The comprehensive guide to probate, trusts, estate planning, and inheritance litigation.

Will Reformation and Community Property Rights In California

Share on facebook
Share on twitter
Share on email

The February 2020 case of Wilkin v. Nelson addressed reformation of a pour-over will, surviving spouse rights, community property, and California intestacy law.  The opinion was initially unpublished, and then certified for partial publication.

The Facts of Wilkin v. Nelson

William and Hanako Nelson were married in 1981.  Hanako had two sons from a prior marriage, Gary and Jay Wilson.  In 2000, Hanako executed a trust leaving a separate property rental home (the “Goleta Property”) to her sons.  At that time Hanako also executed a pour-over will granting “the residue of [her] estate” to the trustee for administration after her death.

Hanako died in 2016. Gary petitioned the California probate court requesting that Hanako’s separate and community property assets be transferred to her trust pursuant to the pour-over will.

Surviving spouse William filed a petition to reform the pour-over will to confirm to Hanako’s intent to transfer only the residue of her separate property estate into the trust.

The California probate court found that clear and convincing evidence supported equitable reformation of the pour-over will to provide for testamentary control and disposition of Hanako’s separate property only.

Can A Pour-Over Will Be Equitably Reformed?

Yes. Modern intent is toward favoring the decedent’s intent over formalities.

The court applied a two-prong standard set forth in Estate of Duke (2015) 61 Cal. 4th 871, which we have written about here.   In Duke, the court concluded that in cases in which clear and convincing evidence establishes both (1) a mistake in the drafting of the will and (2) the testator’s actual and specific intent at the time the will was drafted, denying reformation would defeat the testator’s intent and result in unjust enrichment of unintended beneficiaries.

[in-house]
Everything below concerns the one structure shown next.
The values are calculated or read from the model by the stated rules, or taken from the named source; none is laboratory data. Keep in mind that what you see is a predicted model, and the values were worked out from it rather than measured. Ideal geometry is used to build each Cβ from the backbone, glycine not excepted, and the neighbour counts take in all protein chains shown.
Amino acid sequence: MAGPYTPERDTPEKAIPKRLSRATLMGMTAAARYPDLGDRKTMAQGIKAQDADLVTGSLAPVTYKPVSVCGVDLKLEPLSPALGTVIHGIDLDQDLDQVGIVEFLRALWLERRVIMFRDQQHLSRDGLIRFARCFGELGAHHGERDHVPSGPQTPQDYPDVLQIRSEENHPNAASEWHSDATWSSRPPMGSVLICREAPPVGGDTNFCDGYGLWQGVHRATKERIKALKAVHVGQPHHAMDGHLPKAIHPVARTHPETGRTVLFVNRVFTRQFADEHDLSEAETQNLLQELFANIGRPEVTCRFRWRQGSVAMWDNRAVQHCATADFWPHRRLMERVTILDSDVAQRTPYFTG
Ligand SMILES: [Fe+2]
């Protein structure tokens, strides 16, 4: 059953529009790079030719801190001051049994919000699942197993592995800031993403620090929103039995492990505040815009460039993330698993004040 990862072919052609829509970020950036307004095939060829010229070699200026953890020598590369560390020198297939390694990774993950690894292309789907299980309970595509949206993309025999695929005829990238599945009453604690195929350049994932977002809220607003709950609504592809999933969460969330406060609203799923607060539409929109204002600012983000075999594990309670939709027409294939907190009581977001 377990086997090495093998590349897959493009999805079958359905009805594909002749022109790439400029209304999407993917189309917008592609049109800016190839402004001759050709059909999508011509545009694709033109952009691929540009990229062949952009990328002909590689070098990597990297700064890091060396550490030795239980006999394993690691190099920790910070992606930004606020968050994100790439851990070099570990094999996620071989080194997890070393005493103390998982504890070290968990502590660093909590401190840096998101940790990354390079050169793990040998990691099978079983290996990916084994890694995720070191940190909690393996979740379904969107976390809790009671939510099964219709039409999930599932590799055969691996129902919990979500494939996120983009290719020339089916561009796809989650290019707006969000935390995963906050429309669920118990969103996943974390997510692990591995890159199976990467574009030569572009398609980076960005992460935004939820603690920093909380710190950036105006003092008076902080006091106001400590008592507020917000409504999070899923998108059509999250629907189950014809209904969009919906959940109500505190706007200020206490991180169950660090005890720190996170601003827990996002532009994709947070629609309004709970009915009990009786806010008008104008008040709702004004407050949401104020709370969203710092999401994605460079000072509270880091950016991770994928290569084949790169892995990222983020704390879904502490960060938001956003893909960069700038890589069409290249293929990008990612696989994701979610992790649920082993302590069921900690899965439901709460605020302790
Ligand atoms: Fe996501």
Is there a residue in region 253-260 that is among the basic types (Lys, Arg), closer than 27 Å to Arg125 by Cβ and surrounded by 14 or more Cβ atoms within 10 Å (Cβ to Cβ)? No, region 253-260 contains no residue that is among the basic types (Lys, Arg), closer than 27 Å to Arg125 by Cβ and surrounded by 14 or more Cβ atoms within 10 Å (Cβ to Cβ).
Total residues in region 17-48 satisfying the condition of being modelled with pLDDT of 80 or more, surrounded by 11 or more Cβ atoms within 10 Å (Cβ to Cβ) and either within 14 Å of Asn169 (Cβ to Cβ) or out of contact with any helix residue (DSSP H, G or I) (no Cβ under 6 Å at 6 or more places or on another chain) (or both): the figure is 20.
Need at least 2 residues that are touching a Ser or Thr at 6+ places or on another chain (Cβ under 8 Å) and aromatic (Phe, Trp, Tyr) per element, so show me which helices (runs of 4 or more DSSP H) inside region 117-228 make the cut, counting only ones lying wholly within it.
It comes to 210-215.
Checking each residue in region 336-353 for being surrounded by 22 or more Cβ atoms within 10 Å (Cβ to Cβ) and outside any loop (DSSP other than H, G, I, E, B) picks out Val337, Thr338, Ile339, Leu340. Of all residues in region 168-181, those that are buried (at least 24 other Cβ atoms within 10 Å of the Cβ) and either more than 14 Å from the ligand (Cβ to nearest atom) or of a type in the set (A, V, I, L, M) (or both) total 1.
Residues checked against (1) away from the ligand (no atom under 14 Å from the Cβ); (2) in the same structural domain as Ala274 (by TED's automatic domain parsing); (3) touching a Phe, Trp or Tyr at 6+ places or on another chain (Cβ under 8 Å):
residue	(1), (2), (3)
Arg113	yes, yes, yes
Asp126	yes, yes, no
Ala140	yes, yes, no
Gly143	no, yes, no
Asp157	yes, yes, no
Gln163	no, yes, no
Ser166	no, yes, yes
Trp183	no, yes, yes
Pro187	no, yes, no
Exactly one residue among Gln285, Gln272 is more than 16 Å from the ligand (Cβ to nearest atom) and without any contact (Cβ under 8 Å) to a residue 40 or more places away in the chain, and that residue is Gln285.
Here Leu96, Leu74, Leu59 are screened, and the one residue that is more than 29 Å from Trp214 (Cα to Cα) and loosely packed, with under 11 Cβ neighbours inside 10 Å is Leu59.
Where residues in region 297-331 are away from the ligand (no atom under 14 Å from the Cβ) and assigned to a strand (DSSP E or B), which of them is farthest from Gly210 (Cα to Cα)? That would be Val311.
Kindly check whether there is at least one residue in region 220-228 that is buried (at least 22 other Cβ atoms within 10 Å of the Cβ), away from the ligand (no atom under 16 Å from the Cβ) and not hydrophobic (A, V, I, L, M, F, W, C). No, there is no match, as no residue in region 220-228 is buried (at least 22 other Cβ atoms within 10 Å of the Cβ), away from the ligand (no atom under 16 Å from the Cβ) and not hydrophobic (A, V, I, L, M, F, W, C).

Extrinsic evidence is available in California to correct a mistake in the expression of a testator’s intent in an unambiguous will.

Here, there was substantial evidence of Hanako’s actual and specific intent at the time the trust and will were drafted:

  • Hanako wanted “just trust for home” to gift her separate property rental home, the Goleta Property, to her two sons.  This intent was confirmed in an hour long meeting with the drafting attorney.
  • Hanako and the drafting attorney only discussed the Goleta property, and the drafting attorney believed that Hanako’s sole testamentary intent was to place the Goleta property into a trust.
  • Hanako expressed a general desire to have a will control only the disposition of her separate property.
  • The drafting attorney testified that the Trust was a separate property trust.
  • The Trust provides that the property transferred is the settlor’s separate property.
  • The Trust did not include any community assets.
  • Hanako’s exclusive intent when she signed the Trust was to leave the Goleta Property to her sons.
  • No evidence was presented showing Hanako’s intent was to include community property assets in her estate plan.

Given the probate court’s finding that Hanako intended at the time the trust and pour-over will were drafted to provide for testamentary control and disposition of only her separate property, not community property, the appellate court determined that the decision to reform the pour-over will to conform to that actual and specific intent was well within the California probate court’s discretion.

What Happens To Community Property Assets Under California Intestacy Law?

A spouse’s interests in community property assets pass to the surviving spouse. Because the pour over will was equitably reformed, Hanako died intestate with respect to her community property assets.

Under California Probate Code sections 100 and 6401, Hanako’s interests in community property assets passed to William as the surviving spouse.

California Probate Code section 100(a) provides:

“Upon the death of a person who is married or in a registered domestic partnership, one-half of the community property belongs to the surviving spouse and the other one-half belongs to the decedent.”

California Probate Code section 6401(a) states:

“As to community property, the intestate share of the surviving spouse is the one-half of the community property that belongs to the decedent under Section 100.”

Therefore, anything in this case that was a community property asset was not governed by the will and passed to William upon Hanako’s death.

 

Find a Lawyer
Coming Soon